This year at Paris Photo Hamiltons exhibited in both the main sector of the fair as usual, and in PRISMES with a special installation by Daido Moriyama who visited the fair in honour of this and to recieve his chevalier des Arts et des Lettres from the Minister of Culture.
The principal highlight of Hamiltons presentation at Paris Photo was Richard Avedon and photographs from his In The American West series, in celebration of Hamiltons’ renewed partnership with The Richard Avedon Foundation.
For more than fifty years, Avedon’s portraits have filled the pages of the finest magazines, galleries and museums worldwide. His stark imagery and brilliant insight into his subjects’ characters made him one of the most celebrated portrait photographers of all time. As Avedon’s reputation grew from early in his career, so did the opportunities to meet and photograph celebrities from a broad range of disciplines. Avedon’s ability to present personal views of public figures, who were otherwise distant and inaccessible, was immediately recognized by the public and the celebrities themselves.
Throughout his life Avedon maintained a unique style all his own. Famous for their minimalism, Avedon portraits are often well lit and in front of white backdrops. When printed, the images regularly contain the dark outline of the film in which the image was framed.
In 1979 Avedon began working extensively on a commission from the Amon Carter Museum of American Art to create a series of portraits of ordinary people living in the west of the United States. Over the course of five summers, he traveled the “American West” by car, finally producing a series of studio images of drifters, carnival workers, and working-class Americans. In The American West is now recognised as one of his most intimate, moving bodies of work.
Hamiltons also exhibited the work of Raymond Depardon for the first time. The gallery selected a group of photographs made exclusively in the United States and recently exhibited in an exhibition at Arles 2018 titled Depardon USA 1968-1999. These photographs were made during the Presidential campaign of 1968 and later in New York during the early 1980s when Depardon lived and worked in the city. Freely roaming New York City and using an approach inspired by street photography rather than journalism, he remembers that at the time it ‘was a paradise for photographers where there was something both energising and soothing’.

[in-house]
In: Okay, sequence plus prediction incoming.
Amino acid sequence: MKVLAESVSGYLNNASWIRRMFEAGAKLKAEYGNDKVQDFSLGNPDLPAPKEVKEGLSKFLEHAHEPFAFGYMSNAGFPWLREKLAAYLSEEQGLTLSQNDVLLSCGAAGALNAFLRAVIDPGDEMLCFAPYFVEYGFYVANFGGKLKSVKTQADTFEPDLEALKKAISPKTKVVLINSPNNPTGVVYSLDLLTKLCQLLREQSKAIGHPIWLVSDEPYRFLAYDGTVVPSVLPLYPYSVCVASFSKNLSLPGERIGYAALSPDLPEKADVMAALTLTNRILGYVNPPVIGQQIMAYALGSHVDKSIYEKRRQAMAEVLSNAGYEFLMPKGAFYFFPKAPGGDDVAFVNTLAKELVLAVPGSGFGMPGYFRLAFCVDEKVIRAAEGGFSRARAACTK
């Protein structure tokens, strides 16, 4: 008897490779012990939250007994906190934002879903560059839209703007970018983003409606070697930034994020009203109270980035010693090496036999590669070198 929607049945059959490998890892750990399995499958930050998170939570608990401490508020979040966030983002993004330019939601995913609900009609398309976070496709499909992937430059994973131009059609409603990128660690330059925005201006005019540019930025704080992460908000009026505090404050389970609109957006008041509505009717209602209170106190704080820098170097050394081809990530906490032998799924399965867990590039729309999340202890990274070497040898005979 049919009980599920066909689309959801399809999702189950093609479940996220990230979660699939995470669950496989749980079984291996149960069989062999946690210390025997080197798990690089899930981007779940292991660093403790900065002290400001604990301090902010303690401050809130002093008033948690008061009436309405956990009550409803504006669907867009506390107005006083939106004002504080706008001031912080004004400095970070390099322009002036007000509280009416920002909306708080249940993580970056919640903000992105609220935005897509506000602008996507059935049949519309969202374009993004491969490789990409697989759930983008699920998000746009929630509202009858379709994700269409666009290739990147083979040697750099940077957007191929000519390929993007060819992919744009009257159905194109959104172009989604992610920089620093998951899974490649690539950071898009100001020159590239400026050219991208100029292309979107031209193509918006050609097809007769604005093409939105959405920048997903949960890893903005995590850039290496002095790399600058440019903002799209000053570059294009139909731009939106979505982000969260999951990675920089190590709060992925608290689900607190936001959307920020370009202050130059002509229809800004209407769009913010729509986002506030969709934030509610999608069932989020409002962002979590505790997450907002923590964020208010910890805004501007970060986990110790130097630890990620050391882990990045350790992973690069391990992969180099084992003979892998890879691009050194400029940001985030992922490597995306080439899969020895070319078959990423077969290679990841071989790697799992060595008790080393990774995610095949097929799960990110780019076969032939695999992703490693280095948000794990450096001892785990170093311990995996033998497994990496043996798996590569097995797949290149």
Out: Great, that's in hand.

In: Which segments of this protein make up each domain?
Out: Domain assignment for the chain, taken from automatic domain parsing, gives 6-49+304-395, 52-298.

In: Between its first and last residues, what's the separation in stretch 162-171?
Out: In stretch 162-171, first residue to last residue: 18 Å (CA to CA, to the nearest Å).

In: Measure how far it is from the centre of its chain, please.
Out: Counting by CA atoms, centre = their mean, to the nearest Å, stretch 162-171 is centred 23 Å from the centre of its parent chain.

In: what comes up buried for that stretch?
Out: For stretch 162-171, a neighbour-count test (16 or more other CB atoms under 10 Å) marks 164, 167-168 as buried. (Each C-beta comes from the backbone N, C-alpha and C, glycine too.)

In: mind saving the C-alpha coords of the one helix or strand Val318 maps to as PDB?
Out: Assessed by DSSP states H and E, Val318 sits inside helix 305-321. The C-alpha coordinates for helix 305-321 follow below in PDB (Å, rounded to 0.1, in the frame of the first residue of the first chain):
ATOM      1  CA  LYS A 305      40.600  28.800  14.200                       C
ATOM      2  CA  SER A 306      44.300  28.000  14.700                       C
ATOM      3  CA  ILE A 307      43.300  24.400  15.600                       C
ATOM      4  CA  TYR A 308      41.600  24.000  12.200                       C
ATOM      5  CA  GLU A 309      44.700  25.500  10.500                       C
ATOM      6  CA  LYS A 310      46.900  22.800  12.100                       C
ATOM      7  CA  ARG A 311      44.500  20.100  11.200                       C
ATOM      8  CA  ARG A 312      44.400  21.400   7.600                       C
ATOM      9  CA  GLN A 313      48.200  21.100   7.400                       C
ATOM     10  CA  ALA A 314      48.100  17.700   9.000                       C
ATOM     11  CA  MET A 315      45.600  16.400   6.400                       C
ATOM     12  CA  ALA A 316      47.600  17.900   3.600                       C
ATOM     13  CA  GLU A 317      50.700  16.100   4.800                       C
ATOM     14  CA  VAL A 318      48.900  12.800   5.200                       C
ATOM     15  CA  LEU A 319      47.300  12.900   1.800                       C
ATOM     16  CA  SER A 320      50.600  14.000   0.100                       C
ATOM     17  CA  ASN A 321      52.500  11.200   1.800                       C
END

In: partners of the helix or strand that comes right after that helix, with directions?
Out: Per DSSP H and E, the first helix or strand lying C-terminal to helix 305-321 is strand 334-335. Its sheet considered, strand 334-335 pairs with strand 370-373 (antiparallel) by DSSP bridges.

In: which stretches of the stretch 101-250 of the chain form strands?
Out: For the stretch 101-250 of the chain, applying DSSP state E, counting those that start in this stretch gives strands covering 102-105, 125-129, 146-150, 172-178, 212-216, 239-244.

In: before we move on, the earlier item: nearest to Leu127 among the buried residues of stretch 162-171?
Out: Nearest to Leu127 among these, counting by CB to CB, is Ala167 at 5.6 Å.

Raymond Depardon was born in France in 1942. Joining the Dalmas Agency as a photojournalist in 1960, he worked internationally for news organisations over many years and in 1978 became a member of Magnum. In 2006 he was invited to serve as the Director of the Rencontres Internationales d’Arles. At Paris Photo, Hamiltons is showing a range of photographs drawn from Depardon’s personal archive.
Daido Moriyama is one of the few living modern masters of photography from Japan and the most celebrated photographer to emerge from the Japanese Provoke movement of the 1960s. Hamiltons presented Moriyama at Paris Photo, both on the main stand and in a special installation in PRISMES.
Moriyama’s work is notoriously challenging, often recording the breakdown of convention in post-war Japan. Haunted by the American occupation of the country in the aftermath of World War II, he alludes to the struggle between tradition and modernism, spirituality and commerce, conveying society’s conflicts through a new visual language.
Hamiltons’ “Lip Bar” installation in PRISMES, available in an edition of 3, replicated Bar Kuro, a small bar in Shinjuku. Moriyama frequented the bar for years and was familiar with its owner “Mama” (a term used in Japan for female owners of these minute bars). Mama, an eccentric lady, has an unusual way of treating her customers –not as politely as might be expected from a host. Her personality and unique approach to hospitality has become part of the experience at the bar attracting many visitors, particularly an artistic crowd. Mama herself is a contemporary artist and she organized a festival in 1999 in the district called “GAW” (Goldengai Art Waves), inviting artists to display their work. This festival became a local success - it’s 8th edition in 2013 is the most recent. In September 2005, Mama asked Moriyama to take part and he chose to cover her bar with his lip image and the Lip Bar was created.
Moriyama’s contribution to the photographic world is profound, exhibiting globally in solo and group exhibitions including a solo exhibition at Fondation Cartier, Paris in 2016. Moriyama’s work is held in many public and private collections and he has published multiple photo-essays and photobooks.